Before heading off to Everest Base Camp, I wrote this post inspired by all the questions I had but was having difficulties finding answers to.
Now, having successfully returned from the adventure, I will share with you all the surprisingly difficult to find information that I learned on the way to the foot of the world’s highest mountain.
Here are the questions, as originally written, with the answers based on my personal experience in the Himalaya (aka, results may vary).
NOTE: My trek took place at the end of December/beginning of January (the off-season).
- How much snow can I expect on the trail?
- What are the daytime temperatures going to be like? The nighttime temperatures?
- How much is this thing going to cost me?
- Do I need to hire a guide?
- How much is accommodation?
- How much is food?
- Do I need to get permits?
- How much are permits?
- How long is the trek itself?
- How do I get to the trailhead once in Kathmandu?
- How much faster is coming back down?
- Do I need a visa?
- How feasible is camping my way up the trail?
- Are there places to stay if the weather turns?
- How many miles can I expect to hike a day?
- How many acclimatization days do I need?
- What day hikes can I do while acclimatizing?
- When do I get to see a snow leopard?
- What gear should I bring?
- How warm of a sleeping bag do I need?
- How much food should I bring?
- How many layers is enough?
- Do I really need a stove?
How much snow can I expect on the trail?
Snow was very minimal. There were a few areas where the trail was covered with snow (or ice), but all the trails are so frequently used that it would be incredibly difficult to find yourself getting lost or off-trail because of the snow (especially because many times your following a ridge, valley, or can see the next village).
What are the daytime temperatures going to be like? The nighttime temperatures? How cold is really cold?
The daytime temperatures I experienced were nothing too extreme (and nothing like the daytime temperatures I experienced in Wisconsin). Below 12,696 ft / 3,870 m I only wore my pants and shirt. Above, I began wearing my synthetic base layer, and it didn’t come off until nearly the same point in my return journey.
In the mornings I wore my large down jacket before my body got warmed up, and on the way up Chukhung Ri and Kala Patthar (each 18,208 ft / 5,550 m), I needed to wear my warm gloves to keep my hands from becoming icicles.
How much is this thing going to cost me?
Once in the country you need to get yourself to Lukla. This can be accomplished by aeroplane from Kathmandu for around $150 each way. However, hiking to Lukla from Jiri (which can be reached by bus) is also an option (and apparently takes around a week). If I had more time for my trek I would have absolutely chosen to do this (especially since these lower elevations are far less crowded with trekkers.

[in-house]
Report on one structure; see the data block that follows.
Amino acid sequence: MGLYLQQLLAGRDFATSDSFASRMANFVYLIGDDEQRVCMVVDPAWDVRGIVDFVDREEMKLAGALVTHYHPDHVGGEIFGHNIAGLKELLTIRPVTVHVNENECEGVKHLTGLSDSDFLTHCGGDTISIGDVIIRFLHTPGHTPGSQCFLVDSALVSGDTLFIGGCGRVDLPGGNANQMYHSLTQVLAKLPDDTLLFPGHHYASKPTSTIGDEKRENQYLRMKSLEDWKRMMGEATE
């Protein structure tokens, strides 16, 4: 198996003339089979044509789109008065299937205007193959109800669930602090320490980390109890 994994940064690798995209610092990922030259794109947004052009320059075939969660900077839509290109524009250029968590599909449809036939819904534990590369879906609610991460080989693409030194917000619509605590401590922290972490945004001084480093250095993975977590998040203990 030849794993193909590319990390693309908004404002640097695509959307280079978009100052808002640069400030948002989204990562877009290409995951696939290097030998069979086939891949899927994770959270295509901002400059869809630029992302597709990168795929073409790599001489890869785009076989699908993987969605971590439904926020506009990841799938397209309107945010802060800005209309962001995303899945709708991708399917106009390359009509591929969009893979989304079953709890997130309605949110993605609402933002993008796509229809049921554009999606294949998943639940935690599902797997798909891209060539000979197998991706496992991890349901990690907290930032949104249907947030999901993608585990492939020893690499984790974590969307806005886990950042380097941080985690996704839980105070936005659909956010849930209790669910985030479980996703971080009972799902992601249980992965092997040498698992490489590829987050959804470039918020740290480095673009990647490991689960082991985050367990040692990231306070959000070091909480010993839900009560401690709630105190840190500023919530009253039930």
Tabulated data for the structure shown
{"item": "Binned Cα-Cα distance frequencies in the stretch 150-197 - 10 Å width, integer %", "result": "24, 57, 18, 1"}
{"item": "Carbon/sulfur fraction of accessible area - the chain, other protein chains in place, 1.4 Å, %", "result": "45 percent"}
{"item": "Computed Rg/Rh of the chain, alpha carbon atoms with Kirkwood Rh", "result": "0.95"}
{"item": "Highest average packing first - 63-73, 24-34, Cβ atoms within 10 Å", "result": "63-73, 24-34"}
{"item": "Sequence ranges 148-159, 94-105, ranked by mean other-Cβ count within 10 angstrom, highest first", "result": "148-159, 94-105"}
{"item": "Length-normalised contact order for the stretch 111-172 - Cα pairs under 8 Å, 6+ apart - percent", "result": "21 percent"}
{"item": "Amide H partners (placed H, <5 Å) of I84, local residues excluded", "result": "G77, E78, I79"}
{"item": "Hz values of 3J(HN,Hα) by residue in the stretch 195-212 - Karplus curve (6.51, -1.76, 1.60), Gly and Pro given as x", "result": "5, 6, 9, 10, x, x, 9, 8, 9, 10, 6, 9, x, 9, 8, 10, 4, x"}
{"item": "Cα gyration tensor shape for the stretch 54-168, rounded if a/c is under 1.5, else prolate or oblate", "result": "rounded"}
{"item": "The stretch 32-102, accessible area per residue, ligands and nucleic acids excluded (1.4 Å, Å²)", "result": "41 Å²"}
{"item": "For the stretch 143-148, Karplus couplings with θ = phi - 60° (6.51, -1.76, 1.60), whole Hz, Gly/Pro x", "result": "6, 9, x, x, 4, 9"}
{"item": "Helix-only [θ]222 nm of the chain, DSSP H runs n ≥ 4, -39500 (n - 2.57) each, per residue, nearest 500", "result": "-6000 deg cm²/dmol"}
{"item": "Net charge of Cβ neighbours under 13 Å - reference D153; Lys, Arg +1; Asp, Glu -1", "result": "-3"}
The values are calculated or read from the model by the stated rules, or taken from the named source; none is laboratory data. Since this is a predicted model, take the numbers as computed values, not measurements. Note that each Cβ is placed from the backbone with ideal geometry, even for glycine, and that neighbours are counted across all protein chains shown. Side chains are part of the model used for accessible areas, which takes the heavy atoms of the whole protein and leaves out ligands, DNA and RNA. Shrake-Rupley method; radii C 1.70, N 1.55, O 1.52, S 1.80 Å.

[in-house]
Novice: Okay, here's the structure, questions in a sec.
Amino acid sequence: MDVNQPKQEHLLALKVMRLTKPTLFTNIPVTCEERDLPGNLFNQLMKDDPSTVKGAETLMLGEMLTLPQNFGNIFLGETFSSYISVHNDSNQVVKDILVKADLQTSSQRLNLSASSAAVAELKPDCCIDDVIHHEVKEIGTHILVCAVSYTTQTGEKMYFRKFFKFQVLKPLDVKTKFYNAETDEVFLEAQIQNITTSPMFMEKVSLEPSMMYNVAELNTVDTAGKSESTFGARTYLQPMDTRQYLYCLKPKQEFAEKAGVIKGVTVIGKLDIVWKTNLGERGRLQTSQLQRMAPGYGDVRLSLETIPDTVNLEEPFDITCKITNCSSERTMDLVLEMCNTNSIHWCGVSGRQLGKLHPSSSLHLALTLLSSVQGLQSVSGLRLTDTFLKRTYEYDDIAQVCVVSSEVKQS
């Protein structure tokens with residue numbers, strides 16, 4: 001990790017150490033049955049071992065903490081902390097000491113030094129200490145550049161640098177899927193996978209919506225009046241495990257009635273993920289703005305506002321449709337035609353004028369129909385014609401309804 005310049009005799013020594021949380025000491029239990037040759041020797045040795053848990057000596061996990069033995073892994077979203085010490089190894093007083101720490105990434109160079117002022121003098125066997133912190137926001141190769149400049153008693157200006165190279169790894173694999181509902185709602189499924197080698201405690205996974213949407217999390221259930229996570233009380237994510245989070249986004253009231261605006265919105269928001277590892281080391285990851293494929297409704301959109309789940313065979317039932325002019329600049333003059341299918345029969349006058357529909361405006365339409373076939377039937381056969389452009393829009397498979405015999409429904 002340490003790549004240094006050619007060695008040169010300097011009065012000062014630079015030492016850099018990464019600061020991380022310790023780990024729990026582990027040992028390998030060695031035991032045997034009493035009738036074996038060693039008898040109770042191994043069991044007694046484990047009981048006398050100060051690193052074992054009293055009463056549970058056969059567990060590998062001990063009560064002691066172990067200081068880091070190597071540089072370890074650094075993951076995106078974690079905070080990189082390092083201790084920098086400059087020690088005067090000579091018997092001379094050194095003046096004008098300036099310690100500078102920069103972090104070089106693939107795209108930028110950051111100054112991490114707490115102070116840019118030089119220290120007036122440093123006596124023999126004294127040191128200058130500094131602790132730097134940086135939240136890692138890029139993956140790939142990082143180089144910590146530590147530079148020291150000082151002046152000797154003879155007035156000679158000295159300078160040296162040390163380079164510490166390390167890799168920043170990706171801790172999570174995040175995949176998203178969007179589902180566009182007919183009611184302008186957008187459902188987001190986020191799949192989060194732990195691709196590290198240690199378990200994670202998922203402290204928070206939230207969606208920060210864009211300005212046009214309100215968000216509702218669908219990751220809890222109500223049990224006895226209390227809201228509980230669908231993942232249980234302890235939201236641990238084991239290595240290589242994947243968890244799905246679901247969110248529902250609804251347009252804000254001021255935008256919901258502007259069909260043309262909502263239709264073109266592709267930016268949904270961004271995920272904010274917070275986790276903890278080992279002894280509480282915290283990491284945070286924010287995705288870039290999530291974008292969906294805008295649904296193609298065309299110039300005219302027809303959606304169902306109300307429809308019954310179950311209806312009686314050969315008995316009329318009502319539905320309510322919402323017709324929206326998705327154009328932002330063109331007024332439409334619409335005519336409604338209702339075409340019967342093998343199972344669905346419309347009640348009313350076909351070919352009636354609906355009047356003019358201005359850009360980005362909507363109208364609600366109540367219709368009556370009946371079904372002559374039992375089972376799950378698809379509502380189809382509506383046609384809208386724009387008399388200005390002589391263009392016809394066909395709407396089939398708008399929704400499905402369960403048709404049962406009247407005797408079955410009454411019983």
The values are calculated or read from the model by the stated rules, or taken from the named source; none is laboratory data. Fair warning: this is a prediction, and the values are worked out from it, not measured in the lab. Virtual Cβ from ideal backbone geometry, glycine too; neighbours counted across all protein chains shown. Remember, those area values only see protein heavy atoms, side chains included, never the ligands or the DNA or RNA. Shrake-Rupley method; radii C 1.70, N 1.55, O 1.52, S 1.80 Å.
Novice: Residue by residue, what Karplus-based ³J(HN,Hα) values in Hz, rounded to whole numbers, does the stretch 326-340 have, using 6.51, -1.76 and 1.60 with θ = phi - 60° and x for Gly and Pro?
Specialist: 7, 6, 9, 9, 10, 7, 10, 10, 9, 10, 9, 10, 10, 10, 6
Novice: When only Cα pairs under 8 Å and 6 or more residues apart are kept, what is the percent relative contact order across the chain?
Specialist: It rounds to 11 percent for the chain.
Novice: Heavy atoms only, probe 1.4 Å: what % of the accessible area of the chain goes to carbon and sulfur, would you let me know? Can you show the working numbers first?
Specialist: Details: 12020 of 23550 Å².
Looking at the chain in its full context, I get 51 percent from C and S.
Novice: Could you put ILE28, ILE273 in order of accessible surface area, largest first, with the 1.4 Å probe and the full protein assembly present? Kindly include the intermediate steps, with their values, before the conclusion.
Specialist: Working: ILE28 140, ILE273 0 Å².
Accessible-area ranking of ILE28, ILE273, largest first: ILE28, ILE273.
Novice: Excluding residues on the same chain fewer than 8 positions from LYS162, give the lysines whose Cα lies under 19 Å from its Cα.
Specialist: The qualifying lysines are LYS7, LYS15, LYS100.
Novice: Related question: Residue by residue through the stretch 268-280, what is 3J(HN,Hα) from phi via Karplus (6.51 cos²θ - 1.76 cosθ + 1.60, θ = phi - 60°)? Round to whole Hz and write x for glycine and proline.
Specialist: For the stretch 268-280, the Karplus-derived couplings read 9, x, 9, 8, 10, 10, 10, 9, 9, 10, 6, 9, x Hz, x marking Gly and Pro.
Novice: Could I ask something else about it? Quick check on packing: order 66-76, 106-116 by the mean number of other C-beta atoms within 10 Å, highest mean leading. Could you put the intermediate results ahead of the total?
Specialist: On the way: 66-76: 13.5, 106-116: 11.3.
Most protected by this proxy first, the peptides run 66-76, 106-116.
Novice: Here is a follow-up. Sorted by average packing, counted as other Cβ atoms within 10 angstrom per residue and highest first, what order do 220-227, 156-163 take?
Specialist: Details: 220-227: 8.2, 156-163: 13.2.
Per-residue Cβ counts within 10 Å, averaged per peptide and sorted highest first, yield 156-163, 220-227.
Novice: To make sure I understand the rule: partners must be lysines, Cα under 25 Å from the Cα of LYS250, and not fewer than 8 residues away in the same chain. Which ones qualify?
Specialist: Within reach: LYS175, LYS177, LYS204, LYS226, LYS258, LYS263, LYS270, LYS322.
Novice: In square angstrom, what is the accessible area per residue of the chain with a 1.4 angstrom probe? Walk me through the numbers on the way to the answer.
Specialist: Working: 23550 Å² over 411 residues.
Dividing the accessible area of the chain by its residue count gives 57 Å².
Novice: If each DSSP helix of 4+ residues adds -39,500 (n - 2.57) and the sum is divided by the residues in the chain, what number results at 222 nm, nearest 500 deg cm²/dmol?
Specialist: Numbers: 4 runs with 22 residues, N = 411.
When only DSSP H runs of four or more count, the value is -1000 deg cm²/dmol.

I would say that everything – including a round trip flight from Kathmandu to Lukla, cost me – at the very most – $450 US.
Do I need to hire a guide?
If you’re comfortable hiking alone (or with whomever you’re going with) and talking to strangers, then there’s no need for you to hire a guide to reach Everest Base Camp. The trail is incredibly well-worn, and junctions are clearly marked with signs written in English. The villages are all relatively close together – to become hopelessly lost in the Himalaya (if you’re following trails) would be difficult.
There are guides, porters, trekkers, and locals all over the place, so if you ever want some information you can always just ask. I found everyone to be very kind (except that one guy).
How much is accommodation?
Accommodation on the road to Everest Base Camp is incredibly cheap (and not very luxurious). The average price for a room in one of the many Himalayan lodges was around 200 rupees or $2 US. Camping outside was (for me at least) always free. If you want to camp outside town this would be possible in many areas as well.
How much is food?
The meals in the lodges usually run between 300 and 1,000 rupees (~$2.80 – $9.80 US) with the higher end of the spectrum reserved for meat (which I never ate) and specialty dishes (lasagna or pizzas). As you would expect, the higher into the mountains you travel, the more expensive things become, but you can usually find something for four of five hundred rupees at just about anywhere. Dal bhat (and it comes with refills too!).
Do I need to get permits?
Yes, you need two permits to trek to Everest Base Camp. Fortunately, both can be procured along the way and you need not worry about getting them beforehand.
How much are permits?
You (technically) need two permits to make the trek to Everest Base Camp: a Sagarmatha National Park and a TIMS Card. The good news? Both can be obtained on the way to EBC and you need not do anything special beforehand. The bad news? They cost about $20 US each.
How long is the trek itself?
The trek from Lukla to Everest Base Camp (including a Kala Patthar summit) is about 65.2 mi / 105 km round trip – nothing too intimidating given that most people take almost two weeks to complete the journey. The reason you can’t simply crush it up to EBC and back in three days is because of the altitude (you can, however, crush it on the way back if you wish).
How do I get to the trailhead once in Kathmandu?
For this you have two options.
- You can take a bus from Kathmandu to Jiri and hike up to Lukla from there (which can take as long as a week, but can apparently be done in four or five days – or probably quicker if you’re pushing it).
- You can fly from Kathmandu to Lukla. This is what I did because I didn’t have enough time in Nepal to allow for a hike up from
How much faster is coming back down?